The nightlife was a major element of the Jazz Age, fueled largely by the desire to consume alcohol. It was illegal alcohol, as it was the era of prohibition. Speakeasies offered customers illicit drinks and a place to dance, but the pleasant atmosphere came at a high cost, as police raids meant disaster, and owners had to deal with organized criminals to procure their alcohol. Indeed, the trade in illegal alcohol contributed to the rise of organized crime, and famous gangsters instantly come to mind when talking about the 1920s. For example, the most famous bootlegger and organized crime boss of the time was Al “Scarface” Capone (1899-1947). Although some considered the gangsters’ lifestyle to be exciting, many, especially rural residents and farmers whose crops became increasingly unproductive throughout the era, viewed alcohol and the questionable morals associated with bootleggers in an increasingly unfavorable light.

When I sell liquor, it’s called bootlegging; when my patrons serve it on Lake Shore Drive, it’s called hospitality. – Al Capone


In 1917, the 18th amendment to the United States Constitution was drafted, which prohibited “the manufacture, sale, or transportation of intoxicating liquors”, and the following year it was adopted nationally. Named the “noble experiment” by Herbert Hoover, 75% of states approved the amendment, and it was ratified on January 16, 1919. In 1920, the Volstead Act was adopted to enforce the amendment.

Although it seemed that they had closed for a short period, saloons were simply “hidden” in basements, attics, or disguised as other businesses, such as cafes, soft drink stores, and entertainment venues. Taking its name from the need to whisper – speakeasy, these numerous clandestine bars quickly became established institutions, so much so that it was said that for every legitimate saloon that closed, a half dozen illegal gin joints replaced it.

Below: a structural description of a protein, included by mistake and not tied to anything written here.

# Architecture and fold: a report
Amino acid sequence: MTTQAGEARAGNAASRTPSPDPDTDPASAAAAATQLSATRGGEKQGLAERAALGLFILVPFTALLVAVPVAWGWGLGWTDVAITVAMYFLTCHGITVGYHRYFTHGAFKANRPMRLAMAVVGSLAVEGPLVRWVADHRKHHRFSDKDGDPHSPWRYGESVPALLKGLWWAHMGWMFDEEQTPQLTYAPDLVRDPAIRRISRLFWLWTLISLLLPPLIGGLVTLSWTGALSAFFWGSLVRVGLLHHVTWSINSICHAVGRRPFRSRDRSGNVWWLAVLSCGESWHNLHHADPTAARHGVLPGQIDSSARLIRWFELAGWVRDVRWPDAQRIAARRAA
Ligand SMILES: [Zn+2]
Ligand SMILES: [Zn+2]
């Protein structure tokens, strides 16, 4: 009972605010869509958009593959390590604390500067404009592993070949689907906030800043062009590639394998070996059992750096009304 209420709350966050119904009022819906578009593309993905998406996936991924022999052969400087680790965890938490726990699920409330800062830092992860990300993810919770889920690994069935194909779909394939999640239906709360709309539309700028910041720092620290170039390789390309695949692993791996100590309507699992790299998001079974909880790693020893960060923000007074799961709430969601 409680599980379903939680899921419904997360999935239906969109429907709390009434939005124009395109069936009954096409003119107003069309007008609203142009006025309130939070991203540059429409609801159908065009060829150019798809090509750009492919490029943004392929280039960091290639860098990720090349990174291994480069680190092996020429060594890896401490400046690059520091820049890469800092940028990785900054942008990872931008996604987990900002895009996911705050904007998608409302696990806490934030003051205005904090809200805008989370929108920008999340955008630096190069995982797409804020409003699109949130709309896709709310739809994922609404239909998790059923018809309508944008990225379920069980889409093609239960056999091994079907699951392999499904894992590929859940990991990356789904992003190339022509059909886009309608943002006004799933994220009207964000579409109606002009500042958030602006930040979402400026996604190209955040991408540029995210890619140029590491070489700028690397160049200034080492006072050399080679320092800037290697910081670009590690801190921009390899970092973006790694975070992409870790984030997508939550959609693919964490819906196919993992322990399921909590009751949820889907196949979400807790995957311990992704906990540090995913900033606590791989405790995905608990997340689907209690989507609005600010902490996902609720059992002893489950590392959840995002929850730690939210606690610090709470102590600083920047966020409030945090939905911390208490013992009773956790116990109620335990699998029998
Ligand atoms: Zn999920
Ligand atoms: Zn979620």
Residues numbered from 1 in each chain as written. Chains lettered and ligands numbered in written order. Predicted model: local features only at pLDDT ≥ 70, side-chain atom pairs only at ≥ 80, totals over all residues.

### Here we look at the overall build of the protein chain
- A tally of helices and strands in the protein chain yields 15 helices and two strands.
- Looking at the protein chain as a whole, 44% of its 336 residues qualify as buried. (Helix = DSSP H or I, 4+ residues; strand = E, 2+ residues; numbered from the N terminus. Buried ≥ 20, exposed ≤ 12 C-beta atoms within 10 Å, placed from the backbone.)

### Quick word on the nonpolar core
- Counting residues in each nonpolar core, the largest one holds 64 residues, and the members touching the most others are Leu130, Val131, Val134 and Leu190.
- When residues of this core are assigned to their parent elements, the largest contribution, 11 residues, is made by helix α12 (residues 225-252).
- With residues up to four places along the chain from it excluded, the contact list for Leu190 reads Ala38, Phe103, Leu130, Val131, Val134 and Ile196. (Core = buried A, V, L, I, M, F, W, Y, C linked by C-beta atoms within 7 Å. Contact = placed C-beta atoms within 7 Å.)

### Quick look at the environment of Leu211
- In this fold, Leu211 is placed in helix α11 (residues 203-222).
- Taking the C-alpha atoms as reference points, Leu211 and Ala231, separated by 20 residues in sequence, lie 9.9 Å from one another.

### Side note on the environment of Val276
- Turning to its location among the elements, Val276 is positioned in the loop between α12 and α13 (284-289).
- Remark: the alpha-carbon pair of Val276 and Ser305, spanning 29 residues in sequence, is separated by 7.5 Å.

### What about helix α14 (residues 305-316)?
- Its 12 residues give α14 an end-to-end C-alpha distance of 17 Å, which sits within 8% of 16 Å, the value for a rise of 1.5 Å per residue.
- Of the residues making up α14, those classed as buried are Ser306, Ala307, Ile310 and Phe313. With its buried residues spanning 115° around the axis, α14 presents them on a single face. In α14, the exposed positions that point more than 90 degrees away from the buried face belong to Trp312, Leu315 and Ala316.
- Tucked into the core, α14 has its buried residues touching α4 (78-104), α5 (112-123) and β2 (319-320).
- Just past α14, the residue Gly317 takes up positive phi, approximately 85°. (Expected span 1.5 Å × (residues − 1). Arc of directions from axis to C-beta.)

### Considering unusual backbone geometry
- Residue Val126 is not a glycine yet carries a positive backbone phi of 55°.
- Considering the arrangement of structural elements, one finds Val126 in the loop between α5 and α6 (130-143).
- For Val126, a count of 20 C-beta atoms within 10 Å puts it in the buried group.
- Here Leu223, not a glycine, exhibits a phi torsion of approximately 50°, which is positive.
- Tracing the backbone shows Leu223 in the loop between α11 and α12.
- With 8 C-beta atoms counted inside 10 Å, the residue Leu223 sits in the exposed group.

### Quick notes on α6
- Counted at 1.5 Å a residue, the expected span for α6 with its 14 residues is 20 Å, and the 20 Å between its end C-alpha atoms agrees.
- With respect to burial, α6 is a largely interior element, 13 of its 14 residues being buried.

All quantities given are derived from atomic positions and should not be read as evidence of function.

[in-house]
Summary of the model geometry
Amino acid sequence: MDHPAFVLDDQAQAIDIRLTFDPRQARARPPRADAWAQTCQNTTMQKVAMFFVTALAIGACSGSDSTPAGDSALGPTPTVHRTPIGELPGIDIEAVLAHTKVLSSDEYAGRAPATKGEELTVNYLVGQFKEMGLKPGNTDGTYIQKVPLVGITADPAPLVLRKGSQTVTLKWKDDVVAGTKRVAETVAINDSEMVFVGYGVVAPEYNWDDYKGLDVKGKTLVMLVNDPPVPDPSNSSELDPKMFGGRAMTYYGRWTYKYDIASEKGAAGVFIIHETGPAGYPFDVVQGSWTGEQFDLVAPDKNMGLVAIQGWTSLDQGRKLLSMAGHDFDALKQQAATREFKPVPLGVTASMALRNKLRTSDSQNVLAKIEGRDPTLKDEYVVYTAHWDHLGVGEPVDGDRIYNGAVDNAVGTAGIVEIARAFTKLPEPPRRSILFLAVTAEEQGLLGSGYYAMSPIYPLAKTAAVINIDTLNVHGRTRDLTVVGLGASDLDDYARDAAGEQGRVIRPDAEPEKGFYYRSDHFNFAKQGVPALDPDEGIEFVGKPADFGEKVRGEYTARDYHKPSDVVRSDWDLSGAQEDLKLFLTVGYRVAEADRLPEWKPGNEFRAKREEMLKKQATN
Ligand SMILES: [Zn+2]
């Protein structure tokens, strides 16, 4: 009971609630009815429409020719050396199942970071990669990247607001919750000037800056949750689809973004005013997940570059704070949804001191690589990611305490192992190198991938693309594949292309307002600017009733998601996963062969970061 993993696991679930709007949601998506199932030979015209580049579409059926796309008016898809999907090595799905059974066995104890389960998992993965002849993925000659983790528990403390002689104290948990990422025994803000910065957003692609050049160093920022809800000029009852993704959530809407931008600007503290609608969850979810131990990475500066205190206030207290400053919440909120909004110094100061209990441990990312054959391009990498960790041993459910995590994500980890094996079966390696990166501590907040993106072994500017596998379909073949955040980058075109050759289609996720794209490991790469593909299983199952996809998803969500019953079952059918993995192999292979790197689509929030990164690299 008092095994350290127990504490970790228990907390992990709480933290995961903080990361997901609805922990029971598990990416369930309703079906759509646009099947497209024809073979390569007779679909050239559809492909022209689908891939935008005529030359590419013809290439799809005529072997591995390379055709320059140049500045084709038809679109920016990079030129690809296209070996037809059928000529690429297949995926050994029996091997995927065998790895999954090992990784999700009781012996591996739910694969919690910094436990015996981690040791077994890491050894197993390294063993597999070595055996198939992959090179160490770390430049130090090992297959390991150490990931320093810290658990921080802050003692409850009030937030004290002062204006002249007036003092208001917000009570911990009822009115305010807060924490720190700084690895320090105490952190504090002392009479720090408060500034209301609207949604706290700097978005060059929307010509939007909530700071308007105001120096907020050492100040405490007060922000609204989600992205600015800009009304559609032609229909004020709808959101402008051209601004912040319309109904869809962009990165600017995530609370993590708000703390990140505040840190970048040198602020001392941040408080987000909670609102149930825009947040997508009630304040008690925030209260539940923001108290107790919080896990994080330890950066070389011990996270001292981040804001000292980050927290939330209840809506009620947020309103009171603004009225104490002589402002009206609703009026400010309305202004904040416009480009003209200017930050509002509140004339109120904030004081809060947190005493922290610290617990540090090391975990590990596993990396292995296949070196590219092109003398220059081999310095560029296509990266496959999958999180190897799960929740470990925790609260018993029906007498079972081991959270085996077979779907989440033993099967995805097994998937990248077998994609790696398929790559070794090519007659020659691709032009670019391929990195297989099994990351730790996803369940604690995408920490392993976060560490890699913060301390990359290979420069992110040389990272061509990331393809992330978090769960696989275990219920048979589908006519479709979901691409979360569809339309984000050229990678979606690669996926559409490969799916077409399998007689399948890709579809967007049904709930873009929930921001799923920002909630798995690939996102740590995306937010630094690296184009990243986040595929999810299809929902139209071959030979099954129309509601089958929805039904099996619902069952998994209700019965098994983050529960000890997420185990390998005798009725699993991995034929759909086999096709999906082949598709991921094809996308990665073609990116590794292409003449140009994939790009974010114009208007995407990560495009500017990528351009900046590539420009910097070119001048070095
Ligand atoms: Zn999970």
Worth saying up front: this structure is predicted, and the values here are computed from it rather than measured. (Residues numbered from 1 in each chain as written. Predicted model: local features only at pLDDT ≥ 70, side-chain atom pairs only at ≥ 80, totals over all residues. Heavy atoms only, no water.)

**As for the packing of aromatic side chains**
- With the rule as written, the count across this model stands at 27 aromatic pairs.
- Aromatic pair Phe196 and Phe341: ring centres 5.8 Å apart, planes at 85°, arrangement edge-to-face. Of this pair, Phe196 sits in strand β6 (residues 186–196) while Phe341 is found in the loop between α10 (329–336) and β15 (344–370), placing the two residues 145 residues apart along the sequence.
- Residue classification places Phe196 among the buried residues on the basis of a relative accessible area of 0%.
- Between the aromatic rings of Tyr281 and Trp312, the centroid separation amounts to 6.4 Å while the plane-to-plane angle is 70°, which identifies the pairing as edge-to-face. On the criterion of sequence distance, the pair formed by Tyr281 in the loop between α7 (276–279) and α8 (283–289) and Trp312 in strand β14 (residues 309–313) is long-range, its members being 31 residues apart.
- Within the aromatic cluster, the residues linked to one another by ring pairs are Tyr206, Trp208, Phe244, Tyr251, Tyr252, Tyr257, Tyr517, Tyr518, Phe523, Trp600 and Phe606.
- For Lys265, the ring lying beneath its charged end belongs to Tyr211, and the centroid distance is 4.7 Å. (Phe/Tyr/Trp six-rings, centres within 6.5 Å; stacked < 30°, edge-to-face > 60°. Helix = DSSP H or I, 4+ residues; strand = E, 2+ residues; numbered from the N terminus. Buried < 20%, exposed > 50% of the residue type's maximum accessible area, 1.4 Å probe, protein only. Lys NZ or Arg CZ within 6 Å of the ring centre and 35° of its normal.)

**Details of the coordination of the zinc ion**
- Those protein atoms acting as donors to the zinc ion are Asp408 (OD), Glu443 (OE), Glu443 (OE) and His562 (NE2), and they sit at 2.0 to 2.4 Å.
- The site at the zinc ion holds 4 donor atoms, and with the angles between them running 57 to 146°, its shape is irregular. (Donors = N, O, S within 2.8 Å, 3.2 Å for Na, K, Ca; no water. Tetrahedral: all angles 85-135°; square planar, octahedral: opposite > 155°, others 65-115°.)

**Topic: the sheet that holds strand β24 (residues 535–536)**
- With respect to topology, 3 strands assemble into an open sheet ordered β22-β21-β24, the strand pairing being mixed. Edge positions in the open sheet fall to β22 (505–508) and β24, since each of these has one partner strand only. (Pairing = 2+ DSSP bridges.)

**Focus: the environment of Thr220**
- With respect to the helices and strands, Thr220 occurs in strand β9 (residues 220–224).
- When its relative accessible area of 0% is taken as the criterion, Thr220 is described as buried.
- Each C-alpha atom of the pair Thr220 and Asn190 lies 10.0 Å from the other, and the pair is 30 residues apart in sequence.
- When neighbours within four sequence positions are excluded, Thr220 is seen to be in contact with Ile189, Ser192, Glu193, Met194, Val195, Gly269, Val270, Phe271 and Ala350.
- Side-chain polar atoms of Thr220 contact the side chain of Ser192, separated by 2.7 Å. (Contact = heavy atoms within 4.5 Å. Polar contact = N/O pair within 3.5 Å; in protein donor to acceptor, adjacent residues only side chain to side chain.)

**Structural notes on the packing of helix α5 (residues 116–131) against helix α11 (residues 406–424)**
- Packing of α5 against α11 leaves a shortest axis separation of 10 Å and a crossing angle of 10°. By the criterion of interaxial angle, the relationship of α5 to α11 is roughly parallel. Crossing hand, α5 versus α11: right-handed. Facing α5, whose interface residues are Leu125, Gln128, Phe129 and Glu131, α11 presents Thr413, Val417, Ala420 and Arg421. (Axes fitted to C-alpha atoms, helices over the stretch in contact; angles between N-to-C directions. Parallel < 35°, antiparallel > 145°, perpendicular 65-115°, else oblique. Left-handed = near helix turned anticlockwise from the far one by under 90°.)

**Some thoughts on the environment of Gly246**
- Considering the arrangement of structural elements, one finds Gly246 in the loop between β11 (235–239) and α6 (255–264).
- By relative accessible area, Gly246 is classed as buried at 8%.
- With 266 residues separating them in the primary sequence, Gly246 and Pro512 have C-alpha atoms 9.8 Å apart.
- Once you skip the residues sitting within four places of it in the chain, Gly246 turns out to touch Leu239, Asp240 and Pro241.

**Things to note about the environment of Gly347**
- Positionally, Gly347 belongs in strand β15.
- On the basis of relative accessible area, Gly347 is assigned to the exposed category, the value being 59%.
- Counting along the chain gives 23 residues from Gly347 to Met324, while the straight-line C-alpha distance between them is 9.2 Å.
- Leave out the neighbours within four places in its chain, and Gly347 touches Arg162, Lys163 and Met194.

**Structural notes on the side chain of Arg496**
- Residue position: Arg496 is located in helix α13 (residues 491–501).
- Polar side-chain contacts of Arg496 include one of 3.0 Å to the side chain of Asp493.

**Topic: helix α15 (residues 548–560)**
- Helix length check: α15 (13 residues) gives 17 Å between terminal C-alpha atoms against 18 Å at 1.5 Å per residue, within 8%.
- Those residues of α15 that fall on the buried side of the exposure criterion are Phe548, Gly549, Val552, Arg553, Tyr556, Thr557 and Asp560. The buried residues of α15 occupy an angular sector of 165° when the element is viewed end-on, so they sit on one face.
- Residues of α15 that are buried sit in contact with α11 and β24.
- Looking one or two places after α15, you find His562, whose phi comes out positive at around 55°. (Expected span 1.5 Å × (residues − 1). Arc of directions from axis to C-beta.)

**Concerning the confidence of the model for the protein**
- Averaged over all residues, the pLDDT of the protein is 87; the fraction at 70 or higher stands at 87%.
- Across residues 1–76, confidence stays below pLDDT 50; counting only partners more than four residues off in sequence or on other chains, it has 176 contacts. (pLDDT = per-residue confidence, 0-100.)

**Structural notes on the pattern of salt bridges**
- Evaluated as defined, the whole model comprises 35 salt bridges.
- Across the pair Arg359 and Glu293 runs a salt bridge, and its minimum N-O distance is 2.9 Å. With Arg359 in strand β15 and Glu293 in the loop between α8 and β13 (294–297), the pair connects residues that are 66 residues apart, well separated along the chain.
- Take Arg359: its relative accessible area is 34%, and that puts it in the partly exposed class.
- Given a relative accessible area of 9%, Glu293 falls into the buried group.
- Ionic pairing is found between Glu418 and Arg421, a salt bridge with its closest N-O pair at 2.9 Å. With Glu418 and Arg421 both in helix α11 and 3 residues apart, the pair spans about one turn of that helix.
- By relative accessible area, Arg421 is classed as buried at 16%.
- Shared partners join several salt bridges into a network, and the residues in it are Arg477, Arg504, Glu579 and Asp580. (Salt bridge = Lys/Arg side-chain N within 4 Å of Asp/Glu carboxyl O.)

Like in saloons, prostitution and gambling flourished in speakeasies. However, they also introduced a new element for their customers – drugs. Many who would never have come into contact with these substances found a new source of “entertainment” in the permissive atmosphere of these places. Narcotics, hashish, and marijuana were soon used abundantly.

No dictatorship can tolerate jazz. It is the first sign of a return to freedom. – Dave Brubeck


  • It was never illegal to drink during Prohibition. Prohibition prohibited the manufacture, sale, and transportation of alcohol for consumption.
  • To enforce the 18th Amendment, the national Prohibition law, known as the Volstead Act, was adopted. Although the 18th Amendment prohibited the production, sale, and transportation of “intoxicating liquors,” there was no clear definition of this category of beverages and no sanctions were provided.
  • The Women’s Christian Temperance Union (WCTU) was one of the main forces behind the 18th Amendment. They promoted the “scientific truth” that most beer drinkers die from edema (swelling of organs or the body). The WCTU’s goal was to create a “sober and pure world.”
  • Among the popular speakeasies of the Prohibition era in New York, which still operate today, are the Landmark Tavern, 21 Club, and Flûte. The Green Mill, which was Al Capone’s favorite spot in Chicago, is still open.
  • Speakeasies got their name because you had to whisper a password or code name through a locked door to enter.
  • In New York City alone, it is estimated that there were 30,000 speakeasies!
  • Blind pig was a term used for dive bars, where customers paid to see an attraction (such as an animal) and received a complimentary drink.
  • The Ku Klux Klan strongly supported Prohibition.
  • Cocktails gained popularity during this period because they offered a way to mask the flavor of poorly made alcohol (moonshine). Popular cocktails included the Mary Pickford, French 75, Barbary Coast, Bee’s Knees, and Sidecar.
  • During Prohibition, supporters of the 18th Amendment attempted to rewrite the Bible by removing all references to alcohol.
  • “Cruises to nowhere”, also known as “booze cruises”, were an industry that emerged as a result of prohibition. The ships headed towards international waters where alcohol could be consumed legally; the ship usually made circular cruises.
  • It is estimated that Al Capone made $60 million from alcohol sales alone in 1927.
  • On December 5, 1933, the 21st amendment was ratified and prohibition came to an end. This day is known as Repeal Day.
  • After the repeal of the 18th Amendment, President Roosevelt joked, “What America needs now is a drink.”
  • The first legal bottle of beer produced by Abner Drury Brewery in Washington was delivered to President Roosevelt at the White House on April 14, 1933.